The Plumbing-Heating-Cooling Contractors Association (PHCC) held its annual convention last month with the theme, “Go Big and Innovate.” More than 700 plumbing, heating and cooling contractors from union and non-union shops, along with manufacturers, suppliers and service company representatives, also attended the event at the Rio Hotel Convention Center in Las Vegas. The Copper Development Association (CDA) was a sponsor of the Plumbing and HVAC Apprentice Contest. Harold Moret, CDA Project Manager and Piping Applications Specialist, was one of the judges. Read more…
By Adam Estelle, CDA Project Engineer
Adam Estelle, CDA Project Engineer, attended the Air Conditioning Contractors of America (ACCA) Conference and Indoor Air Expo 2011 in San Antonio, Feb. 15-17. ACCA is a non-profit association serving more than 60,000 professionals and 4,000 businesses in the HVACR community. The group works together to promote professional contracting, energy efficiency, and healthy indoor living.
Microbial growth in heating, ventilating and air-conditioning (HVAC) systems is a growing concern for those who care about improving air quality and efficiency. Earlier this month, the CDA attended the Air Conditioning Contractors of American (ACCA) Conference to provide information on the energy and antimicrobial benefits of copper HVAC components. Read more…
How Best to Comply with EISA if You Need to Fix or Replace a Commercial Motor
By David Brender, Copper Development Association (CDA) National Program Manager
Any new motor manufactured or sold after December 10, 2010 must meet certain energy efficiency standards, as stated in the Energy Independence and Security Act of 2007. David Brender, of the Copper Development Association, has some tips on how to comply with the new law.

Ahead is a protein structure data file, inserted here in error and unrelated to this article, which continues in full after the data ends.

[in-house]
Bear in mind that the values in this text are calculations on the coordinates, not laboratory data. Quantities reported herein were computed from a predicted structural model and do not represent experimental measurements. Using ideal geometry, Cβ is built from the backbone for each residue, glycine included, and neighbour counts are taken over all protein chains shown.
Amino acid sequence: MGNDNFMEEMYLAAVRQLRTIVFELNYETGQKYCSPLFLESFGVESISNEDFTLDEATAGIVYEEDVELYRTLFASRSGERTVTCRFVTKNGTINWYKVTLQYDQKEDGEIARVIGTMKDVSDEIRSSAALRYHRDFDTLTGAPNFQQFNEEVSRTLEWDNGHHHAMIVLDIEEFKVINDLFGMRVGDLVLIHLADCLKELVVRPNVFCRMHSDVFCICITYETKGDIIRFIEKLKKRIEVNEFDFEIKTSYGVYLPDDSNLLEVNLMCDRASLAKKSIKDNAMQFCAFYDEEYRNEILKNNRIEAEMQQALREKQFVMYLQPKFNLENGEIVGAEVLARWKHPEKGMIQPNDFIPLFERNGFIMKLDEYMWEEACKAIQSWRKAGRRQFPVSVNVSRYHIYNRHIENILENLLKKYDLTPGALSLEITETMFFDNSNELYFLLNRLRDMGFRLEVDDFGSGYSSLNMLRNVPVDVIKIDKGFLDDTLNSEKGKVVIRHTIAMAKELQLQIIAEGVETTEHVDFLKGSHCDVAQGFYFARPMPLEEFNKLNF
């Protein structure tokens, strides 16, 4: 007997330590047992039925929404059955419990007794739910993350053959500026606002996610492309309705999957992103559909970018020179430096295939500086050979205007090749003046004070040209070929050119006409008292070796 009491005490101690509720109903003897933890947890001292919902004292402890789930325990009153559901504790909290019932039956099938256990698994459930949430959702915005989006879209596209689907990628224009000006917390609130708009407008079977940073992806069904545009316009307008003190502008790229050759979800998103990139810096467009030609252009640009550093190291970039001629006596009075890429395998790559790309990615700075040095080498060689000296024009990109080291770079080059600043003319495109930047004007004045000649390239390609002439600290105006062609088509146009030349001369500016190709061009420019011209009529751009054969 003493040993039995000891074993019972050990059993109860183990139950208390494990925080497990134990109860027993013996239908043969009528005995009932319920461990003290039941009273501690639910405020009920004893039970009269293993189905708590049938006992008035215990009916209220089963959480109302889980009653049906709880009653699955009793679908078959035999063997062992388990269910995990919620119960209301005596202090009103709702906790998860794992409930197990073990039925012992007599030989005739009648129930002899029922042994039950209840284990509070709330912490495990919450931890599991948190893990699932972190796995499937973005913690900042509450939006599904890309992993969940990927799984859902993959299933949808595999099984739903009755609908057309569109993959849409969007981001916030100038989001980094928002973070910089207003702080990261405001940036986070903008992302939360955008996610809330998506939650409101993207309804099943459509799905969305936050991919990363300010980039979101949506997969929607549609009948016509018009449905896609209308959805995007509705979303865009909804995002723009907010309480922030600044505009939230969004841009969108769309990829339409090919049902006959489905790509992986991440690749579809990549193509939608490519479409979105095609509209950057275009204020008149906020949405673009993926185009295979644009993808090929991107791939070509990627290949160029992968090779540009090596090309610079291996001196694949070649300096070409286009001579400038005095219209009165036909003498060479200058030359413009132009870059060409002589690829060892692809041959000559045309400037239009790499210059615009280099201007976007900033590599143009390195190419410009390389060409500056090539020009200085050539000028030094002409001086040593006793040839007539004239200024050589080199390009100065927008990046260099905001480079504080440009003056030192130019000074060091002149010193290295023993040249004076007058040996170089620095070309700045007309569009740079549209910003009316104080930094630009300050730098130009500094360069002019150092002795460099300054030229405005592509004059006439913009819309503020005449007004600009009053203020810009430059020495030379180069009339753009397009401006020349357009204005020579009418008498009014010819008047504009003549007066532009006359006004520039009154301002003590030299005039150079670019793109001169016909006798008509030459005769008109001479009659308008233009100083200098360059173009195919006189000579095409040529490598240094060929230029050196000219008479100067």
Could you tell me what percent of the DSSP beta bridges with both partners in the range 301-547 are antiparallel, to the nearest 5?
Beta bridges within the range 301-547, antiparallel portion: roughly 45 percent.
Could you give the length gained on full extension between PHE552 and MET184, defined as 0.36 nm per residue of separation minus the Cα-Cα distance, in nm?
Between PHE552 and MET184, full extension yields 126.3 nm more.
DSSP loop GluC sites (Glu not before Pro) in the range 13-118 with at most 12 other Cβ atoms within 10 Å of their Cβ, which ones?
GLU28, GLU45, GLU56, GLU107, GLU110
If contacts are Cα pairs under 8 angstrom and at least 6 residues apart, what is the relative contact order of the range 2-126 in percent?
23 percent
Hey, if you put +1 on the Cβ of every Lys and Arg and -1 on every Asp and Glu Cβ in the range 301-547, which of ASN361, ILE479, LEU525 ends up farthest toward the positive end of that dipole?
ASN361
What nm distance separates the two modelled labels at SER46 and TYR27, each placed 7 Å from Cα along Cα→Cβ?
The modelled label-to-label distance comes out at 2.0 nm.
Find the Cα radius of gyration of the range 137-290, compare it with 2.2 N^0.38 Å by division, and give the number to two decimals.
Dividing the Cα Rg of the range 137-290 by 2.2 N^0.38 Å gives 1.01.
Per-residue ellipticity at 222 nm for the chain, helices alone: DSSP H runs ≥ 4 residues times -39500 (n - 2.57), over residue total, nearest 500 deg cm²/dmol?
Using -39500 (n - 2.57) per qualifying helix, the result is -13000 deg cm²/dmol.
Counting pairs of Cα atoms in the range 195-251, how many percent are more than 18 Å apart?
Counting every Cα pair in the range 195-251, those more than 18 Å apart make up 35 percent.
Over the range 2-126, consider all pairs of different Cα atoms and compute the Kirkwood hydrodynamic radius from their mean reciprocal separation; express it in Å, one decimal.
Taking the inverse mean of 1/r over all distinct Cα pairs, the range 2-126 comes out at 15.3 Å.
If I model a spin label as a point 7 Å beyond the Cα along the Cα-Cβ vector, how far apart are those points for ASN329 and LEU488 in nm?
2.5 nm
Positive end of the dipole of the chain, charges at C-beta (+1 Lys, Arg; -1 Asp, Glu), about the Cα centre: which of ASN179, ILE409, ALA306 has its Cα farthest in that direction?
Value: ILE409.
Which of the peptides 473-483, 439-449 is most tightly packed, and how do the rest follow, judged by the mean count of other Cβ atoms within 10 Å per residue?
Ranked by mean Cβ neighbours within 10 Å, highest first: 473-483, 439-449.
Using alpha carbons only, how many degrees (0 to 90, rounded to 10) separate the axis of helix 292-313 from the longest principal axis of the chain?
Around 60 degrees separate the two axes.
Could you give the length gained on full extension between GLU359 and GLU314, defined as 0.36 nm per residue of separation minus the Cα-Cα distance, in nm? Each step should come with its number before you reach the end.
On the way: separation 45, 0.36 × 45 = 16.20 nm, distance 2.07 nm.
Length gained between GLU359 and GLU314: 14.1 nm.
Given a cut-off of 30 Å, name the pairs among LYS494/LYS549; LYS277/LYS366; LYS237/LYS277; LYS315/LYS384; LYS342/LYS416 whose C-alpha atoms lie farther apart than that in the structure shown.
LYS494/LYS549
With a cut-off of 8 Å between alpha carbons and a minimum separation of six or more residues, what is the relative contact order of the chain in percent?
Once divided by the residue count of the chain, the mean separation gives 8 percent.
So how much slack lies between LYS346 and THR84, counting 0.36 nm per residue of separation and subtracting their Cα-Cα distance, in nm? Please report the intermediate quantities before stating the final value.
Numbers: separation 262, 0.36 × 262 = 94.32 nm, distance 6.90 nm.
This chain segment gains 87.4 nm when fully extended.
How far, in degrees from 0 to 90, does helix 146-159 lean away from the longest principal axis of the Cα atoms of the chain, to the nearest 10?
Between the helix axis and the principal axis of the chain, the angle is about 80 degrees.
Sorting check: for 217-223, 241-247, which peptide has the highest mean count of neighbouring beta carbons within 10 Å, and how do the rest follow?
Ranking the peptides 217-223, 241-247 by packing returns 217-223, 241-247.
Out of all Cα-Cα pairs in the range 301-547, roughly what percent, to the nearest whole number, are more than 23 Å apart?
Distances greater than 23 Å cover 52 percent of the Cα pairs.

There are a number of reasons you’ll want to replace a motor, primarily because an existing motor has failed, or it may not have failed, but it’s inefficient. The electricity the motor uses is about 98 percent of the cost of owning the motor. The purchase price is almost insignificant. In fact, with load cycles typical of an industrial or commercial application, the first cost of a motor may represent only one or two percent of the full cost of ownership. Most people don’t consider that – they just want the cheapest one. But that’s not the way to look at it. Read more…
By Dale Powell, Copper Development Association, Project Manager and Piping Applications Specialist
Dale Powell provides information for a wide range of industries regarding copper plumbing, pipefitting and process piping applications. Prior to joining CDA 15 years ago, he was a UA Pipefitter and Master Plumber as well as an Estimator/Project Manager for a large mechanical contracting firm in Harrisburg, PA. He received his education at Harrisburg Area Community College, Penn State and the University of Kentucky.
When specifying materials for a project, contractors have to weigh the issues of affordability versus quality. Copper costs more than many other materials to start with, but its advantages are significant, especially when you look at them in light of the move toward what most people call “green” building. A contractor pursuing LEED (Leadership in Energy and Environmental Design) certification will find lots of benefits to using copper piping.
Copper has some phenomenally great characteristics for green building. To begin with, it’s a 100% recyclable material. The process for most of our tube and fitting manufacturers involves the use of scrap (roofing, wire, cable, strip plate, bar), which is commonly 99.96% copper. In fact, about 85-90% of the copper tube put in today is from re-used scrap. You hardly ever see copper tube or other copper products in a landfill or dump but often see plastic tubing going to the dump. Another strong case for copper piping is that it’s extremely long-lasting. You can reliably figure that the piping you put into a building will last longer than the building itself. There again, the copper remains available and serviceable after many other materials have deteriorated. It simply gets melted down and re-formed for other uses. Copper doesn’t burn, so it can be installed in open plenums without adding to the smoke load. Sun exposure isn’t an issue, either, so you can store the piping anywhere. If you leave PVC or cross-link polyethylene PEX materials out in the sun, stacked at a building site, for example, they can be adversely affected by the sunlight.
There are many green building projects throughout the United States, many of them award-winning. And there will continue to be more and more as contractors understand that specifying copper is one of the smartest, greenest choices you can make.